The Invisible Corset

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Style Editor Nancy Serle discusses the impact the corset has had on modern day beauty ideals

Scrolling through Instagram’s explore page, the modern day female body ideal is evident: big boobs, big bum, tiny waist. Almost every influential blogger or celebrity (Tammy Hembrow and, of course, the Kardashians) seem to be doing whatever they can to alter their body to fit this type. Gruelling exercise plans, surgery, clever camera angles, photoshop, ‘shape’ enhancing shopping categories, and waist trainers are a few that spiring to mind.

However, whilst having big boobs or a big bum seem to bounce in and out of fashion like a yoyo (if someone had answered ‘yes’ to ‘does my bum look big in this?’ in 2007 it would have ended in tears), there is one ideal that remains permanently in style: the svelte and skinny waist.

For century’s female beauty has centred on the slim waist, revolutionised by the creation of the corset; an apparatus specifically designed to cinch the body inwards at the ribs to accentuate the bust and hips. Many women would desire to shave their waist down to the size of a circle you can make with your hands; the present world record stands at a minuscule fifteen inches in circumference.

But the corset is not just literally oppressive in its restriction of the rib cage and vital organs, but is tightly bound (pun intended) with female oppression in patriarchal society. Throughout history, the corset has been a means for exploitation of female sexuality and the female body; in past centuries, corsets held a mandatory place in the female closet. Corsets were a symbol of literally restricting women to the domestic sphere; with such uncomfortable and immobilising attire it was impossible for women to engage in sports or other activities that were deemed too active for the passive, corseted woman.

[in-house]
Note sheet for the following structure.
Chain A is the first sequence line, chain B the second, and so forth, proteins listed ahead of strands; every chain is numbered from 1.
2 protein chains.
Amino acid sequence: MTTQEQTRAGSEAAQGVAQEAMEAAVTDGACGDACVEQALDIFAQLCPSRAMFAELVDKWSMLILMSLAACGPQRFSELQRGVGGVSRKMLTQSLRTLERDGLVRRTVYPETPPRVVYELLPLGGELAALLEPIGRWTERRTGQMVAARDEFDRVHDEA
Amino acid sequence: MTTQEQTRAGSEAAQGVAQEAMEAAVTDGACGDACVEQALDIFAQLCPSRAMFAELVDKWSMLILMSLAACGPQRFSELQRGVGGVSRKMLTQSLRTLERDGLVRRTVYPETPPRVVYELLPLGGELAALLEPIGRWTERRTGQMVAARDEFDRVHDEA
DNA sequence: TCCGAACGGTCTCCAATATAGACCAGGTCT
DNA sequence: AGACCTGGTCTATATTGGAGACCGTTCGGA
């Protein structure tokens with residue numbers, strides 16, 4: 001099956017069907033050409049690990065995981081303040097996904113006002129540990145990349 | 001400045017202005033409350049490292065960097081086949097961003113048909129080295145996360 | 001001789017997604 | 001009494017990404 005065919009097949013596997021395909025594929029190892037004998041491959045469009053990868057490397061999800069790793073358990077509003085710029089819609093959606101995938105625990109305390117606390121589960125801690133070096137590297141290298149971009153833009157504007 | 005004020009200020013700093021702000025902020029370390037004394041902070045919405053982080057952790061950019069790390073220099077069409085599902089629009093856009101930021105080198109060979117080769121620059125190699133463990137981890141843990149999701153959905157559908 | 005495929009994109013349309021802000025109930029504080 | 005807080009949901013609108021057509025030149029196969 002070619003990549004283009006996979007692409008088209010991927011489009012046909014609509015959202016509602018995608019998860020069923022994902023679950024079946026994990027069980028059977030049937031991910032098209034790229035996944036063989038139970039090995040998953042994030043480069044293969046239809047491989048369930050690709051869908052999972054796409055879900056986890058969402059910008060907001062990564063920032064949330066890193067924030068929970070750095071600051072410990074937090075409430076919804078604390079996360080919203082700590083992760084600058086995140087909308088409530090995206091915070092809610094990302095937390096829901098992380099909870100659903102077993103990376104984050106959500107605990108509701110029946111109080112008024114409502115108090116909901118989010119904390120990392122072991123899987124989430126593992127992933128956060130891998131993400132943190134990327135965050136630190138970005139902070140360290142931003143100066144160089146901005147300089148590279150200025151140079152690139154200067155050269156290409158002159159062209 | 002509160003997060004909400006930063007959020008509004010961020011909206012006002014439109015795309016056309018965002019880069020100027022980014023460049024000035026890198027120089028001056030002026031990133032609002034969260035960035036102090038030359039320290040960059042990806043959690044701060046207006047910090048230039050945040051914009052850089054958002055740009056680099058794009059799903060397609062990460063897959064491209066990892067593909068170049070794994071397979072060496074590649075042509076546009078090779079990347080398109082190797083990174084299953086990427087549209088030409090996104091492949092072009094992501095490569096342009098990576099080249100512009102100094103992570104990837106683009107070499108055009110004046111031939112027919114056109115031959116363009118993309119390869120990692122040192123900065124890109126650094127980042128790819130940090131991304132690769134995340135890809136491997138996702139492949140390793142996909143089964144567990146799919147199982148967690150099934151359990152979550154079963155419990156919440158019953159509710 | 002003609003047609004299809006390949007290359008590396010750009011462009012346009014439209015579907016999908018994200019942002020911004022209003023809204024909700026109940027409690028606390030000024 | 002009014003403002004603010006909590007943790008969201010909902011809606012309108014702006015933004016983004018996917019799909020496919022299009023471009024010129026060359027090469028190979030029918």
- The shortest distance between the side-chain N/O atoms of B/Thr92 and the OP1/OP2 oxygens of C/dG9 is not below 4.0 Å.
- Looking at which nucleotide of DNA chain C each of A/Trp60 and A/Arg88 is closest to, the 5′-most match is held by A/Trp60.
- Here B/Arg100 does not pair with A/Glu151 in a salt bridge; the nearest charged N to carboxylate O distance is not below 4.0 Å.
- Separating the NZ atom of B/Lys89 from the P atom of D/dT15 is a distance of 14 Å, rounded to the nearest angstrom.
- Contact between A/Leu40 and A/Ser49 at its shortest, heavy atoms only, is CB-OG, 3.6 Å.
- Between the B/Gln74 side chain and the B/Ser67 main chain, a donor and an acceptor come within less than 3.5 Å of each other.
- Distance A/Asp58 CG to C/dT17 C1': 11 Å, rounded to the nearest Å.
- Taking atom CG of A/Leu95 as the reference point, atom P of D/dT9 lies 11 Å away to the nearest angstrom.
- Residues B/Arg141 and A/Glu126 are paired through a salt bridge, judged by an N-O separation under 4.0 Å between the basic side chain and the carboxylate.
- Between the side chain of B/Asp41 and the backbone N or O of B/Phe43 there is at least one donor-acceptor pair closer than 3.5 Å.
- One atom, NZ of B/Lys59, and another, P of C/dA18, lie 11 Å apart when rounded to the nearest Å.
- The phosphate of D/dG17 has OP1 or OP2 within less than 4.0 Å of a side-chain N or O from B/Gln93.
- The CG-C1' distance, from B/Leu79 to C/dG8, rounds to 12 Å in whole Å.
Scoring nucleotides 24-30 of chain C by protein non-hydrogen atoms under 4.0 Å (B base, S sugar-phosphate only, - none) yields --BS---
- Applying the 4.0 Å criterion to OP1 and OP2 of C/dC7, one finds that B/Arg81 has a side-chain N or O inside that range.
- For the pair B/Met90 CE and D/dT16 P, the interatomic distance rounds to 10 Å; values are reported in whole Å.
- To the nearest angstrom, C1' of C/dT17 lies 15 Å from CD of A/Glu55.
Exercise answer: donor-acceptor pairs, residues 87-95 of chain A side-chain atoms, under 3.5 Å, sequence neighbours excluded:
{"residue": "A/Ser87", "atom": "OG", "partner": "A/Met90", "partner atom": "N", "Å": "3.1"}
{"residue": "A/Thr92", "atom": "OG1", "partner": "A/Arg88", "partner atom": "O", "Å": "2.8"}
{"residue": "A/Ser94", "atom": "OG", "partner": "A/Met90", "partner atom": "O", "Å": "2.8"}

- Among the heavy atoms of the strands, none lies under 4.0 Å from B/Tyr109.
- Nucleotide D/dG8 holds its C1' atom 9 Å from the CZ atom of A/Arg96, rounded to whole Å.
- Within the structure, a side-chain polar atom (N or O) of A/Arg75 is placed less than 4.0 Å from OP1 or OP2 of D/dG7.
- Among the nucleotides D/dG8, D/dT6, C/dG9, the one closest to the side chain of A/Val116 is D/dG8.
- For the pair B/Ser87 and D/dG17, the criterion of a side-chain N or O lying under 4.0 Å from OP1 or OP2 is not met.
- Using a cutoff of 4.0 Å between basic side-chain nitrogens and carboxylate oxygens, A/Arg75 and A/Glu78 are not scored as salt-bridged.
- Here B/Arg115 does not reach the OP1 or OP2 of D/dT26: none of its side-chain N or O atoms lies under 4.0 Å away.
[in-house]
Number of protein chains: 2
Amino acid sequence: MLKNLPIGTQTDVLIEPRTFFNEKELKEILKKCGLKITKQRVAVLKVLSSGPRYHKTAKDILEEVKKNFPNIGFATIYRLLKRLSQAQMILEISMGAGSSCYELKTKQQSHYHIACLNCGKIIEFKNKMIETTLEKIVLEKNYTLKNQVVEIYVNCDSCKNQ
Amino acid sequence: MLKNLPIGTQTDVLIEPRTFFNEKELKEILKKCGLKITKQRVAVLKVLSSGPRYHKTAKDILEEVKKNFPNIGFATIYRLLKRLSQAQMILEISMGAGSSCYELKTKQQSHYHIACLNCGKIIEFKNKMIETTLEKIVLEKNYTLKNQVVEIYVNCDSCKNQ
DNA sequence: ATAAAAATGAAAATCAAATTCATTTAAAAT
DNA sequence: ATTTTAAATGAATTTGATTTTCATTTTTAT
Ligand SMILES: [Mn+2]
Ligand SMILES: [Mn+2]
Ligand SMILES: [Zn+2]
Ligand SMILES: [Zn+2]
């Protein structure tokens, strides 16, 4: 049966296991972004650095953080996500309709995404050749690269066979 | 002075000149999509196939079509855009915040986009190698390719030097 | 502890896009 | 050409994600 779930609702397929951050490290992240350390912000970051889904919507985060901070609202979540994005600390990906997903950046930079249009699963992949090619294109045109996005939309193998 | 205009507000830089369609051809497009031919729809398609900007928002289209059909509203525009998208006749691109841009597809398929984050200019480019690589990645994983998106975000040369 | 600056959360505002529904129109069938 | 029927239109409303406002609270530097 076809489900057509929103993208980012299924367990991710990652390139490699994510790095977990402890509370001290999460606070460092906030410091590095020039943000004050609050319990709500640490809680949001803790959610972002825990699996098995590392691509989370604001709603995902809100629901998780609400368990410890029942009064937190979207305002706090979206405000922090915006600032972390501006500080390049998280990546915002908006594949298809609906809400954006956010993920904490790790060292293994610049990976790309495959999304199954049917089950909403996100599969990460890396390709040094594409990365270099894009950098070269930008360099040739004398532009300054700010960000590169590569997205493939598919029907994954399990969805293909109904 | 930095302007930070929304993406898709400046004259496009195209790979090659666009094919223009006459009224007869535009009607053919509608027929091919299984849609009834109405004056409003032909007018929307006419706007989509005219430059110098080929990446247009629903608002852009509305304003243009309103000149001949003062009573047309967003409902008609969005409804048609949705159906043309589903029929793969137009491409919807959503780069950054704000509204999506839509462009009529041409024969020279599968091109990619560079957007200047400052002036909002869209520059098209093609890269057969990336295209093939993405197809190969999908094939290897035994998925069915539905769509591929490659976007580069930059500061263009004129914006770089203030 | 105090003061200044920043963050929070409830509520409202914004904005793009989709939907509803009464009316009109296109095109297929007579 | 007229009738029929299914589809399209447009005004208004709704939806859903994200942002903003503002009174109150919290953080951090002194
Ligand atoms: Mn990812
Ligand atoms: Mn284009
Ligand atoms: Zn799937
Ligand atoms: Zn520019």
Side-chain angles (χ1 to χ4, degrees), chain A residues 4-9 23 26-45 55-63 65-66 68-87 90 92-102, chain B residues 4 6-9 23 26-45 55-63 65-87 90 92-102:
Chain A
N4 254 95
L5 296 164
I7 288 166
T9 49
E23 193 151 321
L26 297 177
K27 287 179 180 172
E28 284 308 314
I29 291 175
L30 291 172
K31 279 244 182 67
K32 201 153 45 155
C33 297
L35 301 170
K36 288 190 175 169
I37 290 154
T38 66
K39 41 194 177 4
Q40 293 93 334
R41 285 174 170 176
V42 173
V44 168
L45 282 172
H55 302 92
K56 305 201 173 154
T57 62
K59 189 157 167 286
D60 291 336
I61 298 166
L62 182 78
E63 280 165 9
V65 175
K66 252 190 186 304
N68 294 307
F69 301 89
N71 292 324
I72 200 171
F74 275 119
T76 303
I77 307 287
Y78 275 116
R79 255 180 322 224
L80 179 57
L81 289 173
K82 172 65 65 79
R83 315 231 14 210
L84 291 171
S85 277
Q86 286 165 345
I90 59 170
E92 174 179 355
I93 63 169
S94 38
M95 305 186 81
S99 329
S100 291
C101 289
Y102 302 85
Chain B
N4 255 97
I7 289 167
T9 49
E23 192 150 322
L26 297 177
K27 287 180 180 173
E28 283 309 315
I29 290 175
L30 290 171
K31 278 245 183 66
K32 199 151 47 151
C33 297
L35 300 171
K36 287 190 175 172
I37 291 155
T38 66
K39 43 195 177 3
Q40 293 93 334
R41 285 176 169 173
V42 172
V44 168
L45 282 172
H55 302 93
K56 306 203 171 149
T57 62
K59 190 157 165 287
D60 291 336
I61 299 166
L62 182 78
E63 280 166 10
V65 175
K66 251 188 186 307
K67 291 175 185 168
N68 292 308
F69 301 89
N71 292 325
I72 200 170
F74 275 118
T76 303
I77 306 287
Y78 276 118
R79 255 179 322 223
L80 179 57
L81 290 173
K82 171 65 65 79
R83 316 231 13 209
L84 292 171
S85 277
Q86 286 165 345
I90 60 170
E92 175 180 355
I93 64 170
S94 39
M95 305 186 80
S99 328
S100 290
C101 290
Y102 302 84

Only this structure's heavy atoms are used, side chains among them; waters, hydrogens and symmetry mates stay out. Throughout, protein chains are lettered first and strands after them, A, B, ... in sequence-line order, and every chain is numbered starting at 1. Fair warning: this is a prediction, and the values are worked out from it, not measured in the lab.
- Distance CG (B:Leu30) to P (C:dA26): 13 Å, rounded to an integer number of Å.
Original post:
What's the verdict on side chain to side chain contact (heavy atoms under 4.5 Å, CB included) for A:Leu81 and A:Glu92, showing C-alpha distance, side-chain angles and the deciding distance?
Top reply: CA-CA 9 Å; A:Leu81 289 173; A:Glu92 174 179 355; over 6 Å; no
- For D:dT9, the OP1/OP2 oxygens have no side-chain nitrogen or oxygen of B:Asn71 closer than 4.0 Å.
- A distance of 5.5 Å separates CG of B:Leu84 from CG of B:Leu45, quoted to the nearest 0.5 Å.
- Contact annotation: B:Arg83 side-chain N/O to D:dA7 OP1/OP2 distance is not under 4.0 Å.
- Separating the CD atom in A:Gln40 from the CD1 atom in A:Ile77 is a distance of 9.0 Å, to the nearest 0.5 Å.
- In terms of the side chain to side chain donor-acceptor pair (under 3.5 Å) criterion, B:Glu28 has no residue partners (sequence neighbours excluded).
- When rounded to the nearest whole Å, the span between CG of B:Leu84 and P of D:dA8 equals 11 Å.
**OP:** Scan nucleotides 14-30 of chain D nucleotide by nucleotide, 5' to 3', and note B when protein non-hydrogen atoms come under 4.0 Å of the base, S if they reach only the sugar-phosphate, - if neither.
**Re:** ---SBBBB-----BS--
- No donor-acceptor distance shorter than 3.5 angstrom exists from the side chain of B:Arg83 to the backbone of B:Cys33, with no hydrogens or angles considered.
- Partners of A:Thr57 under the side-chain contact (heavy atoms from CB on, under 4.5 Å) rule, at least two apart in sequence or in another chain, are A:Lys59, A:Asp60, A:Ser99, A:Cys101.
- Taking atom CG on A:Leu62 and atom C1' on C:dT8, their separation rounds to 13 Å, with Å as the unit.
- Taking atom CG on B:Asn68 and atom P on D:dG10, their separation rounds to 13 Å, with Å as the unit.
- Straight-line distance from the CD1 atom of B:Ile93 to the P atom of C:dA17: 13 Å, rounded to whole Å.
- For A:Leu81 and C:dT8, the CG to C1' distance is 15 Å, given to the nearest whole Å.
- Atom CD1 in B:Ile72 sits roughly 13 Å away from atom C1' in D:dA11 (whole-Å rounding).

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Image: Flikr/ Lucyfrench123

With female emancipation and changing body ideals came a changing shape to the corset, but it was yet to be eradicated completely from women’s sartorial options. The curved bust of the Victorian era, that was recognised as damaging to female health, was traded for an S-shaped bodice, followed by Dior’s ‘waspie’ style, until the corset finally fell out of fashion.

The 1980’s saw the resurgence of the corset, but with new significance. Madonna’s appearances in Jean Paul Gaultier’s high fashion bodices and Vivienne Westwood’s underwear as outerwear designs turned the corset in to a symbol of female liberation rather than oppression. Whilst the corset undeniably still connoted female sexuality, its cementing in to pop-culture rather than patriarchal ideology allowed women to claim the corset as their own; rather that it being an obligatory aspect of dress, it became a means to express sexuality by choice and regain control over female objectification.

However, whilst the modern day use of the corset can be seen as both empowering and stylish, often frequenting the runways at fashion week, is the history of the corset too damning to ever be considered truly liberating?

Laced and bound with both oppression and beauty, the corset has undoubtably had a prevalent impact on the beauty ideals we hold today; whilst the corset is no longer mandatory, women still strive to achieve its effect. As evidenced by who we like and follow on Instagram and the extreme lengths people will go to achieve a slim waist, or the appearance of such, the ideals that were undoubtedly fuelled by the corset have become internalised in our everyday life.

Do we idolise the slim waist because we think it is personally empowering and attractive, or, have we just been indoctrinated by patriarchal ideals of the female body to think as much? The corset, and what it symbolises, has undoubtably in some way, shape, or form, cast a shadow over the beauty and body ideals of today.

It is perfectly fair enough to desire a skinny waist- but the question we must ask ourselves is why? Is a slim waist empowering or are we just restricting ourselves, like women before us, to an invisible corset?

Featured Image: Instagram / @corsetclub


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